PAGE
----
Besides taking a look their specs and photos, I had the chance to go between them all here in Detroit, crawl around their interiors, sit in the backseats and figure out which of these not-especially-compacts, which all grew with their latest redesigns might have a practicality advantage. We also have full specifications on each model, which are laid out in the handy chart below.
Exterior designThere's honestly a little bit of the previous-generation Jetta visible in the 2019 Forte profile — especially around the doors and greenhouse. The Jetta, meanwhile, has the same sort of radically swept-back roofline as the Civic that's become all the rage throughout the automotive industry. The 2019 Jetta is also a little more visually interesting than the car it replaced, though neither the Jetta nor the Forte were as radically transformed as the Civic was two years ago.
Alright, let's go to the slideshows.
Engines and transmissionsThe 2019 Jetta, 2019 Forte and 2019 Civic have considerably different powertrain options, with additional choices possible once the VW and Kia go deeper into their lifespans. Both the Forte and Civic rely on naturally aspirated four-cylinder engines in base specification, with the Civic's 2.0-liter engine making more power and a smidgen more torque than the Kia's. The Jetta goes the turbocharged small-displacement route with its 1.4-liter engine. It makes the same power as the Forte, but smacks down both in the torque department. It makes roughly 50 more pound-feet of twist than both naturally aspirated engines.
The Honda Civic is the only one to offer an optional engine, which follows in the footsteps of the Jetta as a turbocharged 1.5-liter four-cylinder. Its 174 horsepower is ahead of the others by nearly 40 ponies. However, its 162 pound-feet of torque still falls short of the Jetta.
Impressively, all three sedans still offer a manual transmission option, and all of them are six-speed units. The Honda Civic Sedan no longer offers a manual with its optional turbocharged engine, though. Both the Forte and the Civic use CVTs for their automatic options, while the Jetta goes with an eight-speed torque converter automatic transmission.
When it comes to fuel economy, the winner depends on how you spec the car. Among the base engines, the Kia Forte is the most efficient, with its FE trim managing an impressive 41 mpg on the highway, 31 in the city and 35 in combined driving. That's just 1 mpg ahead of the Jetta. But if you want a manual transmission, the Jetta is the most efficient, delivering the same fuel economy as the automatic, while the Civic and Forte manual options lose a few mpg. If you're willing to spring for the more powerful engine, though, the Civic is the overall champ managing 1 more mpg than the Forte FE in every category, as long as you don't get the Touring model.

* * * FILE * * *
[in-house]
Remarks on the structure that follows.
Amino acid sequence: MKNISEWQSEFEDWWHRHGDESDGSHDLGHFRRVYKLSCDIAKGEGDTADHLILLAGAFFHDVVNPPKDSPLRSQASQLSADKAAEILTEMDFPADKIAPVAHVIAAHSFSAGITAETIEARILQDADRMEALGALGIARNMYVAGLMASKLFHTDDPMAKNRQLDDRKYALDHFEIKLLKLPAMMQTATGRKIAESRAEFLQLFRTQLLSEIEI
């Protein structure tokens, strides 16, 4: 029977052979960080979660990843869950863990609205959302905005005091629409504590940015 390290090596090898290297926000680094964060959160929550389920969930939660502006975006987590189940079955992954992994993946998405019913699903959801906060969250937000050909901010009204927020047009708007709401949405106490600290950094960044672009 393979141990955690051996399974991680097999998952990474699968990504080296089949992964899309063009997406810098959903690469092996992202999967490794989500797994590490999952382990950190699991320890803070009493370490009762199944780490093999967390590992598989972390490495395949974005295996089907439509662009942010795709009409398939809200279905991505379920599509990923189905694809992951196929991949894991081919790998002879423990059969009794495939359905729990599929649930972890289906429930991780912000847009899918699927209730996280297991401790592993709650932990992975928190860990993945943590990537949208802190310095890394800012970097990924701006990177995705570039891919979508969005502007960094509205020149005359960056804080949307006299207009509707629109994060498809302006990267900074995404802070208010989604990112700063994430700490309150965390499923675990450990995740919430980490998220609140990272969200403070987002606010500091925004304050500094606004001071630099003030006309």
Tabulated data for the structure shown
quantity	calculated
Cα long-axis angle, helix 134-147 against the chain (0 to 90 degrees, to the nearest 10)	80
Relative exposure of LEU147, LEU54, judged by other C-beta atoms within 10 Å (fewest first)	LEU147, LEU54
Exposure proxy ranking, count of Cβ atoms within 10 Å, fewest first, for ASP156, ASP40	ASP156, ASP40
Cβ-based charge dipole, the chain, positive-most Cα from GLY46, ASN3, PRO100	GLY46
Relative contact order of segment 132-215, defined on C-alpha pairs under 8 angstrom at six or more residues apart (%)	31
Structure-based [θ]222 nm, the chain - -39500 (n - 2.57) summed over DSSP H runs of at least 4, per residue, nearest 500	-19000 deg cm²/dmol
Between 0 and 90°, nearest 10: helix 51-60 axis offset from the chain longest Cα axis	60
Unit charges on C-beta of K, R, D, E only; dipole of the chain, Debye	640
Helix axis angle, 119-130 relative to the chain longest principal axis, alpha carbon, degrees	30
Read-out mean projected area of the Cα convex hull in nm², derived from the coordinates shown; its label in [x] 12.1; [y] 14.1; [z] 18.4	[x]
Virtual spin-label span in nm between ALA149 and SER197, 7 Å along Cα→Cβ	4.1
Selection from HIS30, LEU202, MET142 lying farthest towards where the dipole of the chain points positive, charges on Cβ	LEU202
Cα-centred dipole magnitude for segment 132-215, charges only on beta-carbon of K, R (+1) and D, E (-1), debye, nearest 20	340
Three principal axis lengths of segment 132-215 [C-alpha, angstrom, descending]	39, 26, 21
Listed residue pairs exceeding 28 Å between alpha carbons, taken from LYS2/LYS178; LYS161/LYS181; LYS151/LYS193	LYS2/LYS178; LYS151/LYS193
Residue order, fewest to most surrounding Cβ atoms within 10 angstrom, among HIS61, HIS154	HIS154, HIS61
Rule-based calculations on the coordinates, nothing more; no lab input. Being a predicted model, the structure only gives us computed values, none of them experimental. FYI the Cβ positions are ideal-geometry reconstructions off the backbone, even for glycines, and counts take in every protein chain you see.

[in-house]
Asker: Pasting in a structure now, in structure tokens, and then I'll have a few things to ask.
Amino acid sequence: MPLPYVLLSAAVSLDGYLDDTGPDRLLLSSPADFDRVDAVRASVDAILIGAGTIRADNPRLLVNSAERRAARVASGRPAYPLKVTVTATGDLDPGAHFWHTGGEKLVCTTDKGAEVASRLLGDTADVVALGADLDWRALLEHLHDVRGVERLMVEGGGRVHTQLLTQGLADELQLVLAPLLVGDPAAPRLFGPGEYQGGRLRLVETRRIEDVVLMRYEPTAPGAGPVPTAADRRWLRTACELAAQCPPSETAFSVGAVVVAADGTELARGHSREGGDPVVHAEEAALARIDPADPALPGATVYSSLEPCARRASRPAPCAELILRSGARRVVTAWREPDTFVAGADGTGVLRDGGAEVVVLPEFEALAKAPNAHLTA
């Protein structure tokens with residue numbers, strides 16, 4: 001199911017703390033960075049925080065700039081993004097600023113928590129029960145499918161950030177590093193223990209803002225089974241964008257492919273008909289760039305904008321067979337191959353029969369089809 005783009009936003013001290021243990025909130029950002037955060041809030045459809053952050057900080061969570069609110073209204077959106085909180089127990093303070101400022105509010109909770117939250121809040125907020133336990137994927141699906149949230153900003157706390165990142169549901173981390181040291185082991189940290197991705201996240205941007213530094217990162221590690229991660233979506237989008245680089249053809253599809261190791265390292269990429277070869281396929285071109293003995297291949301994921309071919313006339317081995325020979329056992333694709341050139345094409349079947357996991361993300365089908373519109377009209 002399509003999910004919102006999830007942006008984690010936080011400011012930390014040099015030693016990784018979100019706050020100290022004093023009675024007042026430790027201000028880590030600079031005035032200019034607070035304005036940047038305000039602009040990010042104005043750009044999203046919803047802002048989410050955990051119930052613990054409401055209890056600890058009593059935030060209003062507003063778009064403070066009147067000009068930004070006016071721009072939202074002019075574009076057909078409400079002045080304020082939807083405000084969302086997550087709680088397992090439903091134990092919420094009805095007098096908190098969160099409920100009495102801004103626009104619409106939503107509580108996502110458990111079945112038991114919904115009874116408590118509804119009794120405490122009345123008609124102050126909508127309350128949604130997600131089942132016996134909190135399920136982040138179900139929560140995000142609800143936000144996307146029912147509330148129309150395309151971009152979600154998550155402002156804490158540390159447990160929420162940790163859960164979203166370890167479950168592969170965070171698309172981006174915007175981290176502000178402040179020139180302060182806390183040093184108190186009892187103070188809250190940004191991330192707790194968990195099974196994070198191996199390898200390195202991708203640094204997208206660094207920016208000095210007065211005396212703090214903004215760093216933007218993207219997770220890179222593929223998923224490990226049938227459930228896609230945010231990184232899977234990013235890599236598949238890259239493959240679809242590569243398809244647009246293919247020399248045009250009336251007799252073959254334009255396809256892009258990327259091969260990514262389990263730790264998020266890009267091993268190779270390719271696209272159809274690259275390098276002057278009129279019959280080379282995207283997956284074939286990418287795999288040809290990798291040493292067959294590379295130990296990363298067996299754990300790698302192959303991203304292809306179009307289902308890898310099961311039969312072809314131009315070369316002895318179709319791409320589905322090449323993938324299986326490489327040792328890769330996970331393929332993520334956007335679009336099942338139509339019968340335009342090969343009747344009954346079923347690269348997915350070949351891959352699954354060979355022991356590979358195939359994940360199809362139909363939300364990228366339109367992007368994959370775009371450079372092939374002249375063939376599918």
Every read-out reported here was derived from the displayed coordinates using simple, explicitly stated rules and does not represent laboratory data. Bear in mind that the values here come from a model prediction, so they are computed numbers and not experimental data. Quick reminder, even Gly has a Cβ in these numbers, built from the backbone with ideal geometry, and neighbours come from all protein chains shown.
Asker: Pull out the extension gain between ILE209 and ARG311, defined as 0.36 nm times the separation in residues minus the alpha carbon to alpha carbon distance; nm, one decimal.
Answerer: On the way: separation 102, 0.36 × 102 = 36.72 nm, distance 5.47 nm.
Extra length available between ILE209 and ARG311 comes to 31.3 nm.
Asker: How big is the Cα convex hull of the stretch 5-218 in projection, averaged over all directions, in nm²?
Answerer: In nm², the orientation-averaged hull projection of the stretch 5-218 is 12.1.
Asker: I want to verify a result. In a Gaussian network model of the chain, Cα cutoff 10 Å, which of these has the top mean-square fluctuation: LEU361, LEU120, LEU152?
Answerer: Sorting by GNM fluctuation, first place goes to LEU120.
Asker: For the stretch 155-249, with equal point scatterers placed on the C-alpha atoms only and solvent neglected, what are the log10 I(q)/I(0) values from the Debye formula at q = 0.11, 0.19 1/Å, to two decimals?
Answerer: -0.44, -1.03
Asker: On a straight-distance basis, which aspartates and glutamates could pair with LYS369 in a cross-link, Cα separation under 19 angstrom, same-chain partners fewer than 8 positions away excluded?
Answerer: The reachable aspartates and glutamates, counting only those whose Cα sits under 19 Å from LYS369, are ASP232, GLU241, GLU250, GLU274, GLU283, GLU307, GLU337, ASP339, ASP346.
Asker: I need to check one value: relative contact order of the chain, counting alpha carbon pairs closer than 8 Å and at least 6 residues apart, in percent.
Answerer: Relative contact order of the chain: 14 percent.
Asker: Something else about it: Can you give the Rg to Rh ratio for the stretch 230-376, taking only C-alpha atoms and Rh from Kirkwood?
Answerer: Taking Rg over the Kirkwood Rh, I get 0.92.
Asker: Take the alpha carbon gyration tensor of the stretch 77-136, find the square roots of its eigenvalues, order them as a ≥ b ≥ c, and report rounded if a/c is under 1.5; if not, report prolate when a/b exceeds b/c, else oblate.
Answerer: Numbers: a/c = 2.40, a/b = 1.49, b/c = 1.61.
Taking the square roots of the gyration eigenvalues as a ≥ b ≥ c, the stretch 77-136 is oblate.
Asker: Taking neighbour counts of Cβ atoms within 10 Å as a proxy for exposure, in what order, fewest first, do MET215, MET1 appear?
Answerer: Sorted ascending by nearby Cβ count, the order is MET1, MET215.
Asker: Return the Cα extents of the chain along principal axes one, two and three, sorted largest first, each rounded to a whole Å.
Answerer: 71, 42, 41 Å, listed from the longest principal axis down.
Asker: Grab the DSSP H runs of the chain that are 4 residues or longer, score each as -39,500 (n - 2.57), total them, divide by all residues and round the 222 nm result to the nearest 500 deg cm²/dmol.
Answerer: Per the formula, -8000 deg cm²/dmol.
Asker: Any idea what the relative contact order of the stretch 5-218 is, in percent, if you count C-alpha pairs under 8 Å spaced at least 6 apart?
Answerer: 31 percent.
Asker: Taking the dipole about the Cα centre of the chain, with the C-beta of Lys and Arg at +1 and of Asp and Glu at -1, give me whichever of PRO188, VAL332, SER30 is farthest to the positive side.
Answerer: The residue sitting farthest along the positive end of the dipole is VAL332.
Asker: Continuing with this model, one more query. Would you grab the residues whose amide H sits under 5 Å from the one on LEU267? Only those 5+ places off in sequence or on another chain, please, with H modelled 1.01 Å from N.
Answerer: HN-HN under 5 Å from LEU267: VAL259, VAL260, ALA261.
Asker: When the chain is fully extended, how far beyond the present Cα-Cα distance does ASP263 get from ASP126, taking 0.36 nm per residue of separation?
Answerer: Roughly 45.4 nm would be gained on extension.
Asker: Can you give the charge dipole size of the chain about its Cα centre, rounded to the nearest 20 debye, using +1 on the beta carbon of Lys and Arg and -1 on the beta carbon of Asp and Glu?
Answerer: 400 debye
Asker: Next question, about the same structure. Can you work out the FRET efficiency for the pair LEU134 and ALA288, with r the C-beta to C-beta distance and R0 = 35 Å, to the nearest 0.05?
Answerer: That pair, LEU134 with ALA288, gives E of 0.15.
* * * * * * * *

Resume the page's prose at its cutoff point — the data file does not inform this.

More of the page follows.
Interior design, space and qualityYou can see for yourself how this trio of compact sedans compares on paper, but during the Detroit Auto Show, we were able to sit in each of the cars back-to-back-to-back, and can report that the Jetta is indeed the roomiest of the three.
Headroom is comparable, with the Forte having almost literally a hair more (it added height for 2019). And, after setting the front passenger seat in the same comfortable position in all three cars, the Jetta had the most resulting rear legroom. At 6-foot-3, contributing editor James Riswick could fit a hand between his knees and the front seat back. In the Forte and Civic they just barely did not touch the front seats, but we're talking compact sedans here, so that's actually very impressive. He noted, however, that the Civic's backseat is mounted rather low to achieve enough headroom under that fastback roofline. As such, despite having comparable room, the Civic backseat isn't as comfortable as those in the 2019 Forte and especially the 2019 Jetta.
In terms of trunk space, both the Civic and Forte have about 15 cubic feet, which challenges midsize sedans. The Civic's doesn't seem as deep, though (maybe it's just an optical illusion), but its opening is definitely smaller. In person, the Jetta's trunk seemed larger than the others, but on paper, it's actually the smallest at 14.1 cubic feet. It's also smaller than the outgoing Jetta's 15.7-cubic-foot trunk.
In terms of quality, the new Jetta has some soft-touch and nicely textured surfaces on the dash- and door tops, but that's really it. Virtually everything else is hard plastic with a downmarket high sheen. The Forte and Civic have only a little more soft touch about, but it's in that hard plastic where they differ. It has a lower sheen in both cars, feels better to touch and looks richer in general. No complaints about the Jetta's VW parts-bin buttons, knobs and switches.
In terms of design, well, decide for yourself. Cue the galleries.
ConclusionsOn paper, the Civic's powerful and efficient powertrains continue to give it an advantage. The Jetta has a passenger space advantage, but a quality disadvantage. The Forte seems be somewhere in the middle. As far as the way they drive, we still give the Civic the advantage for its blend of nimble handling and comfortable ride, along with its strong engine options. The Jetta and Forte have their strong suits, too. The Jetta is quiet and soft with useful torque. The Forte is an able handler with sharp looks. Be sure to check out our first drives of all of these sedans for more details on how they drive
- Kia Forte First Drive Review
- Volkswagen Jetta First Drive Review
- Honda Civic Sedan First Drive Review
For more comparisons, try our car comparison tool.